New York’s ban takes effect March 1 after being signed into law by Gov. Andrew Cuomo last year. The goal is to reduce plastics pollution in New York; think tattered plastic bags in trees or clogging street drains.

On the other hand, experts say plastic bags produce less greenhouse gases over their lifetime than paper bags,making them a better option from a global warming standpoint. By next month, all grocery and retail establishments required to pay sales tax must be fully switched over to paper bags and/or reusable bags. Then it’s up to the counties or the stores to decide whether to charge 5 cents for each paper bag. That includes stores like Target and Kohl’s, and your local corner shop.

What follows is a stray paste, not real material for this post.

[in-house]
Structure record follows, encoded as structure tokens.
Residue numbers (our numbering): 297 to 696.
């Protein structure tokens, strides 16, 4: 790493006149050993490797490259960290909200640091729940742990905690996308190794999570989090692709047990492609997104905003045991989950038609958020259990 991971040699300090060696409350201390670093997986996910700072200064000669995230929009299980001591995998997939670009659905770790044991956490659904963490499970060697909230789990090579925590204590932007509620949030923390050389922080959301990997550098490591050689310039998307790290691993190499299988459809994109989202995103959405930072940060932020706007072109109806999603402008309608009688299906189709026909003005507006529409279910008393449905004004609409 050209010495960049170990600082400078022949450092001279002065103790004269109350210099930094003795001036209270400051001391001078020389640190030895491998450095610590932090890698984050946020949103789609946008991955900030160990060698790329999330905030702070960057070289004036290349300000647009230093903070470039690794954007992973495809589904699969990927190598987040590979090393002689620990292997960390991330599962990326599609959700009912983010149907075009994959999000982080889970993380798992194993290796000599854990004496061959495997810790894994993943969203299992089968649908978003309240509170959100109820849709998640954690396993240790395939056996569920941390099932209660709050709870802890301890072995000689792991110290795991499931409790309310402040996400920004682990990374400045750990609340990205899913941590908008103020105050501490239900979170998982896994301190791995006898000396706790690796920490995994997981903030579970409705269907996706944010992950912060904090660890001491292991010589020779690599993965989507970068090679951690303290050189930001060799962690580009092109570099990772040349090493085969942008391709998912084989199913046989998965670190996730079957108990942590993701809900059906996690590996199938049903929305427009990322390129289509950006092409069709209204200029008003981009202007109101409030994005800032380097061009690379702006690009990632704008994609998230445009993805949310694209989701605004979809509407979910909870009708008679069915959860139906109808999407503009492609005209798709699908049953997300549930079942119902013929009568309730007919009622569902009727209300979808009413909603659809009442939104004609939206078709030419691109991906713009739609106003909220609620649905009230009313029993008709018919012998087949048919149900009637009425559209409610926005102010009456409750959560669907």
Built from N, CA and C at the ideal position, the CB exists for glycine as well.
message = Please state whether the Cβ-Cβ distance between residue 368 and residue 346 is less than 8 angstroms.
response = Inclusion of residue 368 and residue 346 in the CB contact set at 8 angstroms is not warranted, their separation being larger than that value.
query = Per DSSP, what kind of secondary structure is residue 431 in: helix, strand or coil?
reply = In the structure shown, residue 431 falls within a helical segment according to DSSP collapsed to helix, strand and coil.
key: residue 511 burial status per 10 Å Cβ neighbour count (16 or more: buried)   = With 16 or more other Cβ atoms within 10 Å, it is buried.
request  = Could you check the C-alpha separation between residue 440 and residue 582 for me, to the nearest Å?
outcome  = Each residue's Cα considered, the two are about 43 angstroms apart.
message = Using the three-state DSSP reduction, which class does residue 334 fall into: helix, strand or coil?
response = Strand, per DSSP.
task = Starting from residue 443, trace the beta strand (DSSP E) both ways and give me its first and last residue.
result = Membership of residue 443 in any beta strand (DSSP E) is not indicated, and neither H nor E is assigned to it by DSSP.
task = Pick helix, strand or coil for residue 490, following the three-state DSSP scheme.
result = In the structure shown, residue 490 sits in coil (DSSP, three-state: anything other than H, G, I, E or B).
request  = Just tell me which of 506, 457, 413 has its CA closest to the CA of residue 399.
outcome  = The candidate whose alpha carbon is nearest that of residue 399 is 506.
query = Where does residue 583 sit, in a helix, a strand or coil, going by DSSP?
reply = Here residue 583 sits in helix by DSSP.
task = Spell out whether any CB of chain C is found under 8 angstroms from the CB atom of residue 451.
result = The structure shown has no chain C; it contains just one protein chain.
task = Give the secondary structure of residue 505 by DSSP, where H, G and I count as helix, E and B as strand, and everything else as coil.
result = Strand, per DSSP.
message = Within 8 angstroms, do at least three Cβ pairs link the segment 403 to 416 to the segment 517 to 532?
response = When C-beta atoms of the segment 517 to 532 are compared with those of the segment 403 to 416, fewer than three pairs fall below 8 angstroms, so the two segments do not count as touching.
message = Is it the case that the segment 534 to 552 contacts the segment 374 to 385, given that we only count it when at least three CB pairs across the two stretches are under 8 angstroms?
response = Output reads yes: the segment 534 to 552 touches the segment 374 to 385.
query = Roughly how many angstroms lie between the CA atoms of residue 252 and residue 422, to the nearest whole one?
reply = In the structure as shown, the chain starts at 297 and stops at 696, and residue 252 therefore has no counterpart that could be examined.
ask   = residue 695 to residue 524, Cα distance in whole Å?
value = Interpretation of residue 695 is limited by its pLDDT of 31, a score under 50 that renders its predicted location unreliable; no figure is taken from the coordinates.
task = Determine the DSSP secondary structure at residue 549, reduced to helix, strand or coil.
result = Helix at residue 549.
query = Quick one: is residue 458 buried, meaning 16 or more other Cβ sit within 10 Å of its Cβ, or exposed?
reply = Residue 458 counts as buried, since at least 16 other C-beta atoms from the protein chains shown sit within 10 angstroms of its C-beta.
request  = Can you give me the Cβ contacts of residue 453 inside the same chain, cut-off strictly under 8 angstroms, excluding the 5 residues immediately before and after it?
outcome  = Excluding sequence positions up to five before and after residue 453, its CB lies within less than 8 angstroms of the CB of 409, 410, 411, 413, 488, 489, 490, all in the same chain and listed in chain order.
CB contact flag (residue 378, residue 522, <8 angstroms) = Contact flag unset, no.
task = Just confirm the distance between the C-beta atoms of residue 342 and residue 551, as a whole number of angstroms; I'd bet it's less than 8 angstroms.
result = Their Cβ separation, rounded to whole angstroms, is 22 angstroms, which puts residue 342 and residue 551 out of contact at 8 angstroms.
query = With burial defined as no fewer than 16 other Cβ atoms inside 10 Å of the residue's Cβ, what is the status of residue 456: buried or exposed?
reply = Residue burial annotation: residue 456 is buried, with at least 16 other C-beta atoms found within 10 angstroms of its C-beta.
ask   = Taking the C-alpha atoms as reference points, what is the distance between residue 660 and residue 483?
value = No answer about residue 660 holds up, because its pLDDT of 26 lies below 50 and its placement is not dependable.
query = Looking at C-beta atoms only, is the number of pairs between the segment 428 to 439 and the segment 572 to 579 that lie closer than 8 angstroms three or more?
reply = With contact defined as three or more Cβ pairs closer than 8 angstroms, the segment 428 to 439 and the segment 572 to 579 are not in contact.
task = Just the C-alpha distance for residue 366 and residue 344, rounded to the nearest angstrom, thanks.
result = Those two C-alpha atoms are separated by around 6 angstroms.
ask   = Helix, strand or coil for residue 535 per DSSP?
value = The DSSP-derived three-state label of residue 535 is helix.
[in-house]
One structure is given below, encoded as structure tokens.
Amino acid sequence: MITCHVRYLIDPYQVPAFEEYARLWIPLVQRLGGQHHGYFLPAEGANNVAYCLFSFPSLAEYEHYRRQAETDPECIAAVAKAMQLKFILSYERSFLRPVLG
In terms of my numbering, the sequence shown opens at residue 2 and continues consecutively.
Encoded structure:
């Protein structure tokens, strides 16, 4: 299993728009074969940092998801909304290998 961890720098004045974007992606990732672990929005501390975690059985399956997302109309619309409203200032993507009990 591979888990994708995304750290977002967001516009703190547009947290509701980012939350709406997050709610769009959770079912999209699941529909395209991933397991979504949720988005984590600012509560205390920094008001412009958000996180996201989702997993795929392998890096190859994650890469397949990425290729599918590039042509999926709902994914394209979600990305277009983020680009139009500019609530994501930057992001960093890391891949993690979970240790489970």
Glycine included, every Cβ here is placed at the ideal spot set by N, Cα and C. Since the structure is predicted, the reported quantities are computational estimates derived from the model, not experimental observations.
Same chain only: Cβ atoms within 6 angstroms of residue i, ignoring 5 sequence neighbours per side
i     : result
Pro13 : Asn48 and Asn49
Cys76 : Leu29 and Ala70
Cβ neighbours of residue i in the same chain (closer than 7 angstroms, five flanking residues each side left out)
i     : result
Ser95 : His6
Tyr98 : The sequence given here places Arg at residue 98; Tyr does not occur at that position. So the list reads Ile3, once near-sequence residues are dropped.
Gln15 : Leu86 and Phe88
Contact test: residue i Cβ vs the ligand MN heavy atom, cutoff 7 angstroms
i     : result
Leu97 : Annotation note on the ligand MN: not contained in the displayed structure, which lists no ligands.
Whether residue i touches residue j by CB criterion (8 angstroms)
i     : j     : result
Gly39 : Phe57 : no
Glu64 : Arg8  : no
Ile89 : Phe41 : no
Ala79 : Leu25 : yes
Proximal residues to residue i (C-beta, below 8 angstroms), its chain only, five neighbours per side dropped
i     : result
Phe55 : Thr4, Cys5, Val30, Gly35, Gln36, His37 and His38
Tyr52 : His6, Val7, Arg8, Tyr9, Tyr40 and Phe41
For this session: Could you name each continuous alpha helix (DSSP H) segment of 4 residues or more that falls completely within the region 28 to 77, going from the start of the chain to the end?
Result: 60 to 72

At least eight other states have also banned plastic bags, including California, Oregon, Delaware and New Jersey. Dutchess, Suffolk and Ulster counties have already implemented bans passed by their lawmakers in the last two years.

On average, paper bags will cost stores about seven times more to order in bulk than plastic bags, said Jim Calvin, president of the state Association of Convenience Stores.  There are about 8,500 convenience stores in New York, including gas stations, bodegas and rest stop stores.

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Authors: Sarah Taddeo and Chad Arnold, Democrat & Chronicle
Photo by Marissa Lewis on Unsplash.